Vimperk – The first round of biomonitoring at the selected locations of the Šumava National Park is coming to an end and the current results confirm that the forest can be restored even without human intervention.
Biomonitoring.photo: Pavel Hubený
According to Pavla Čížková, Biomonitoring Officer, an average of 6,352 young trees grow on one hectare of non-interventional area.
"We calculated the highest levels of redevelopment at Kunžvart Castle and we also found high densities in Prášil or Nová Údolí The smallest densities of repellent or unpolluted areas are mostly in the flood plains or peat bogs," added Pavel Čížková.
The most neat tree is spruce, which has a share of up to 78.5%, followed by oak with 9.7% and then it is bird crane, birch, maple and fir tree. The change, according to the director of the Šumava National Park Pavol Huben, did not even occur in the composition of a mature forest. The proportion of sparring in the adult forest is almost the same as that of the fir in reforestation.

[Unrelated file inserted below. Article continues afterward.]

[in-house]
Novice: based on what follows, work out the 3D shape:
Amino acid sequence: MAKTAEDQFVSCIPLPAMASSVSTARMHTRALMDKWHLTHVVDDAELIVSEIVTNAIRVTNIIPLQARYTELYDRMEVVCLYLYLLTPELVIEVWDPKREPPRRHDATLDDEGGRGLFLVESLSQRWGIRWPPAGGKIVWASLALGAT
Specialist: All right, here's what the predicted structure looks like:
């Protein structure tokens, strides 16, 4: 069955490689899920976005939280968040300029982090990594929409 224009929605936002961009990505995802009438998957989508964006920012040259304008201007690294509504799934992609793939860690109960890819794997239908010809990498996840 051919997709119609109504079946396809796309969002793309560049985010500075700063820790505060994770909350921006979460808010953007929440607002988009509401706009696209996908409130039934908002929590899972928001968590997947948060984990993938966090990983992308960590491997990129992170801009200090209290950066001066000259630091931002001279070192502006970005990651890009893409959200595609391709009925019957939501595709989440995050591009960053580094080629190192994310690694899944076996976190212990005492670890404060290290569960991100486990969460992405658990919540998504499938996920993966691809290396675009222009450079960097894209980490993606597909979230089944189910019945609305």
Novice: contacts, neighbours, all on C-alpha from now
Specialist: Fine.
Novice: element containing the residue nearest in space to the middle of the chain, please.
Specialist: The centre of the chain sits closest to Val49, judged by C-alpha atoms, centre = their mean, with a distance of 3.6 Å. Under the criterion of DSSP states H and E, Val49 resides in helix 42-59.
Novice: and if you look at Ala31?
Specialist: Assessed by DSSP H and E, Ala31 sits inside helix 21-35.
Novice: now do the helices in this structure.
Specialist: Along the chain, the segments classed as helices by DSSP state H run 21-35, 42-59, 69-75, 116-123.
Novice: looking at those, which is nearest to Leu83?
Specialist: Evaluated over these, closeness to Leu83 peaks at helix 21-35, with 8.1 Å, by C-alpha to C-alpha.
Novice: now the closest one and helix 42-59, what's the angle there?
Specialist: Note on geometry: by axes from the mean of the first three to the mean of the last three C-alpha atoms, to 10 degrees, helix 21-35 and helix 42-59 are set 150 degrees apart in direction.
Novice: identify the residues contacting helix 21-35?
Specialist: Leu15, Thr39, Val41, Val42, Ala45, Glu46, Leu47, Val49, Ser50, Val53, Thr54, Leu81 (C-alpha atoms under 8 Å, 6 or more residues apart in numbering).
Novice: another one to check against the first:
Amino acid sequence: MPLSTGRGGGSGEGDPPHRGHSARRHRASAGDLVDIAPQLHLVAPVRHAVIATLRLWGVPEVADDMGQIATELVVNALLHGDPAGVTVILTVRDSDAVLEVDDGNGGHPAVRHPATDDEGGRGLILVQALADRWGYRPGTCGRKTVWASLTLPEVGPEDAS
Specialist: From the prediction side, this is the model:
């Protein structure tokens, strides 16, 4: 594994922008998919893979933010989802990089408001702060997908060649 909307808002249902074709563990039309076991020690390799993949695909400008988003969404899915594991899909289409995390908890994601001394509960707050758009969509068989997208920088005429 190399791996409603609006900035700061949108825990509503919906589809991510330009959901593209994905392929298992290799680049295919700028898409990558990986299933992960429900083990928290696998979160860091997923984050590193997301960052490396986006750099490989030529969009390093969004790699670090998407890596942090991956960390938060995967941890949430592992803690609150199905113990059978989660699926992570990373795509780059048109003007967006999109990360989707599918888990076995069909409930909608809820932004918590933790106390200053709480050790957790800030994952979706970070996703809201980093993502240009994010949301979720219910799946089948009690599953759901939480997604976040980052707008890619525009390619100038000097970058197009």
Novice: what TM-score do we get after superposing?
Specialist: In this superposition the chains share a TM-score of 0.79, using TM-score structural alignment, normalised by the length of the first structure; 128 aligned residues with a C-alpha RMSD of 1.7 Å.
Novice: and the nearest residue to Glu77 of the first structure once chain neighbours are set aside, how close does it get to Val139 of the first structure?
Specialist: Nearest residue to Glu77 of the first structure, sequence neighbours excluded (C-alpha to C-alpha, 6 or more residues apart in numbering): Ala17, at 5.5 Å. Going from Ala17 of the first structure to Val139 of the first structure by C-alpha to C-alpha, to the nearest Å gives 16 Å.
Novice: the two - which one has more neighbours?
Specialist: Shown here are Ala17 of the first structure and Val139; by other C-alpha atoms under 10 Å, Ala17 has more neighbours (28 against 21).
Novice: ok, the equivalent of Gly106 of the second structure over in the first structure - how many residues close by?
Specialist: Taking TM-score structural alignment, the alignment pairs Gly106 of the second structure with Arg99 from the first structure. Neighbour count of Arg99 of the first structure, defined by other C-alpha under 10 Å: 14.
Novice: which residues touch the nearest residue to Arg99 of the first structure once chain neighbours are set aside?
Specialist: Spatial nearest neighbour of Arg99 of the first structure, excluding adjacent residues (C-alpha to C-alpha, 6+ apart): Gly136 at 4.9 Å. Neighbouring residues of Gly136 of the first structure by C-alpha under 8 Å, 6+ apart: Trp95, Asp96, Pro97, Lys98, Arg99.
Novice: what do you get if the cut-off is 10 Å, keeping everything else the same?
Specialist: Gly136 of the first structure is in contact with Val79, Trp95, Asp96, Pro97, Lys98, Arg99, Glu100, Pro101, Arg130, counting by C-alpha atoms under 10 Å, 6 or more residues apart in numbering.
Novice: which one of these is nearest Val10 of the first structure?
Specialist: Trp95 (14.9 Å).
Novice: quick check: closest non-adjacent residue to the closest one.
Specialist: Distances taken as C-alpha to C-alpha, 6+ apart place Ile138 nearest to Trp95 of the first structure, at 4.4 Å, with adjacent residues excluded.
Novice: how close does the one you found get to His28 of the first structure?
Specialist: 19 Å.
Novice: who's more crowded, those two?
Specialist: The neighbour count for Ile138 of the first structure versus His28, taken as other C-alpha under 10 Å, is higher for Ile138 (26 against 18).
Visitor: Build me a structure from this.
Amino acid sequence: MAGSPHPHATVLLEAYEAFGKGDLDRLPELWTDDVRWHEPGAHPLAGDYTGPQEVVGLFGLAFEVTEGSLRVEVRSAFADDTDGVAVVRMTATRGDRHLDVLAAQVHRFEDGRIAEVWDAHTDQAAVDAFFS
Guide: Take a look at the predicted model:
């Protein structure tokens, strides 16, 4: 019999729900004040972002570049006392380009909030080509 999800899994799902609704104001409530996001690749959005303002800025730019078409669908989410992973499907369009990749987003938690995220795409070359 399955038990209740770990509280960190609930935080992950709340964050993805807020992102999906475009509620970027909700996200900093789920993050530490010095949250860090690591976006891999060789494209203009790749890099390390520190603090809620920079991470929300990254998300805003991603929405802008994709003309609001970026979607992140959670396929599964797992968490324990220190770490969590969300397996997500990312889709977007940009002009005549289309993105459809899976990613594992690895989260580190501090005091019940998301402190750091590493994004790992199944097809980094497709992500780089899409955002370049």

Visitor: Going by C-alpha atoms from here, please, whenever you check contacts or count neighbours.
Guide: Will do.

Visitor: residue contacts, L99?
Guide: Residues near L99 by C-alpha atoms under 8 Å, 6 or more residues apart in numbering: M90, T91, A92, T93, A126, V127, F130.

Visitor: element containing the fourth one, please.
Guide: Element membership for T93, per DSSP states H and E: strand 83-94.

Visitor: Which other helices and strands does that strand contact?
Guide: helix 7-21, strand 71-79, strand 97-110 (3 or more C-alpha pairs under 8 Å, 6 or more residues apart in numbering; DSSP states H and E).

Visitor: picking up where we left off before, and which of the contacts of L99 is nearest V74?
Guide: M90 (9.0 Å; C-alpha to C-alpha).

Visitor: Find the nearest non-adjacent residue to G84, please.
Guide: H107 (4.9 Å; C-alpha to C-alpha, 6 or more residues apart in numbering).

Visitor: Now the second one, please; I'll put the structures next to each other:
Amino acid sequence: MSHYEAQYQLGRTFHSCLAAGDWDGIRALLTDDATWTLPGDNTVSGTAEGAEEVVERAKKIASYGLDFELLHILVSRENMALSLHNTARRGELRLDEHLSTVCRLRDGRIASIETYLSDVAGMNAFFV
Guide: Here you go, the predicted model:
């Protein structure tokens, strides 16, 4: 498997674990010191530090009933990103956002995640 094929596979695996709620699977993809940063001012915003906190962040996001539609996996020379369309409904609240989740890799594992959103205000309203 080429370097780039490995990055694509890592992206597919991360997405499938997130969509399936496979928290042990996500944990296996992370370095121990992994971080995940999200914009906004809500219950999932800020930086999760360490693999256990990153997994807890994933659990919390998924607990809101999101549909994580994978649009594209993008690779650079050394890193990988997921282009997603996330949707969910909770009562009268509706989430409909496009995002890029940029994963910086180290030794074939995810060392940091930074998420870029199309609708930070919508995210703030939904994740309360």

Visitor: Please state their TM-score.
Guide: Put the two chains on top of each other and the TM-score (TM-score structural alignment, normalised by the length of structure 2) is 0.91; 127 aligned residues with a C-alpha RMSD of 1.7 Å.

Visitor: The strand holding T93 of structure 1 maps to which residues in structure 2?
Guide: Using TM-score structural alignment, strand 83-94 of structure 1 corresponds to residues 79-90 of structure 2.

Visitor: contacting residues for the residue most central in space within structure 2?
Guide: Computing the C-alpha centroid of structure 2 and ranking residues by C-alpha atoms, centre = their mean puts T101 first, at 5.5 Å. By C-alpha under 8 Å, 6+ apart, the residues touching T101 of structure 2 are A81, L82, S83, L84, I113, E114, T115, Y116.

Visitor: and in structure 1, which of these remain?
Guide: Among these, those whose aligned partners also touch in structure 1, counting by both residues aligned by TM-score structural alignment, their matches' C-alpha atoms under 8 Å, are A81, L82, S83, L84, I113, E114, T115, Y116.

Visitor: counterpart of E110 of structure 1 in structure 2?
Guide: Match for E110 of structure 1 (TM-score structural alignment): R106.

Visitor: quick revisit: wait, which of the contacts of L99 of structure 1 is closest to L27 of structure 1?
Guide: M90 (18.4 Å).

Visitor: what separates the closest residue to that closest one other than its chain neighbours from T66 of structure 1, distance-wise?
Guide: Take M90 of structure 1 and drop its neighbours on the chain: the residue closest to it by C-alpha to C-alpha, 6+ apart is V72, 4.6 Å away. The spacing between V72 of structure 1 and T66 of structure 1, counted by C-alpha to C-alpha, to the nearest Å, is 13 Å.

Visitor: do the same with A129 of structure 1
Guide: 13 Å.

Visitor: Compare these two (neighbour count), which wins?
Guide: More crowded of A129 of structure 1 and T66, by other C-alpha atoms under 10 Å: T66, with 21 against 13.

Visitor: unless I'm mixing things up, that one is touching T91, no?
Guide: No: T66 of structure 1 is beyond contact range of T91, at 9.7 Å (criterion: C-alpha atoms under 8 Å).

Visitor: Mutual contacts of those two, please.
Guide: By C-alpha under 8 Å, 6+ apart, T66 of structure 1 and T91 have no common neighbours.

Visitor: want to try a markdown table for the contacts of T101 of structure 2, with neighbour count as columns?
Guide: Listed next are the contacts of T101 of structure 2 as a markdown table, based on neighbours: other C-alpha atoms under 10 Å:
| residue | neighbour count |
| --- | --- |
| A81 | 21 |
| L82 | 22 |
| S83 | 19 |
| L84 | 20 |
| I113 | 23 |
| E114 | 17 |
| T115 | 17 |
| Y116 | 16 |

"At the same time, the fir, which should be warmer and more sensitive, strengthens its position and the management of the park has not received it since 2013," added the director of the park.
Sawing wood is important for the growth of a new generation of wood. "Creaking forests contain dozens of species of insects, but it is also important for some bird species, and lying dead wood keeps the rainwater that would otherwise flow," said Pavel Hubený, with the next round of biomonitoring from 2019 onwards.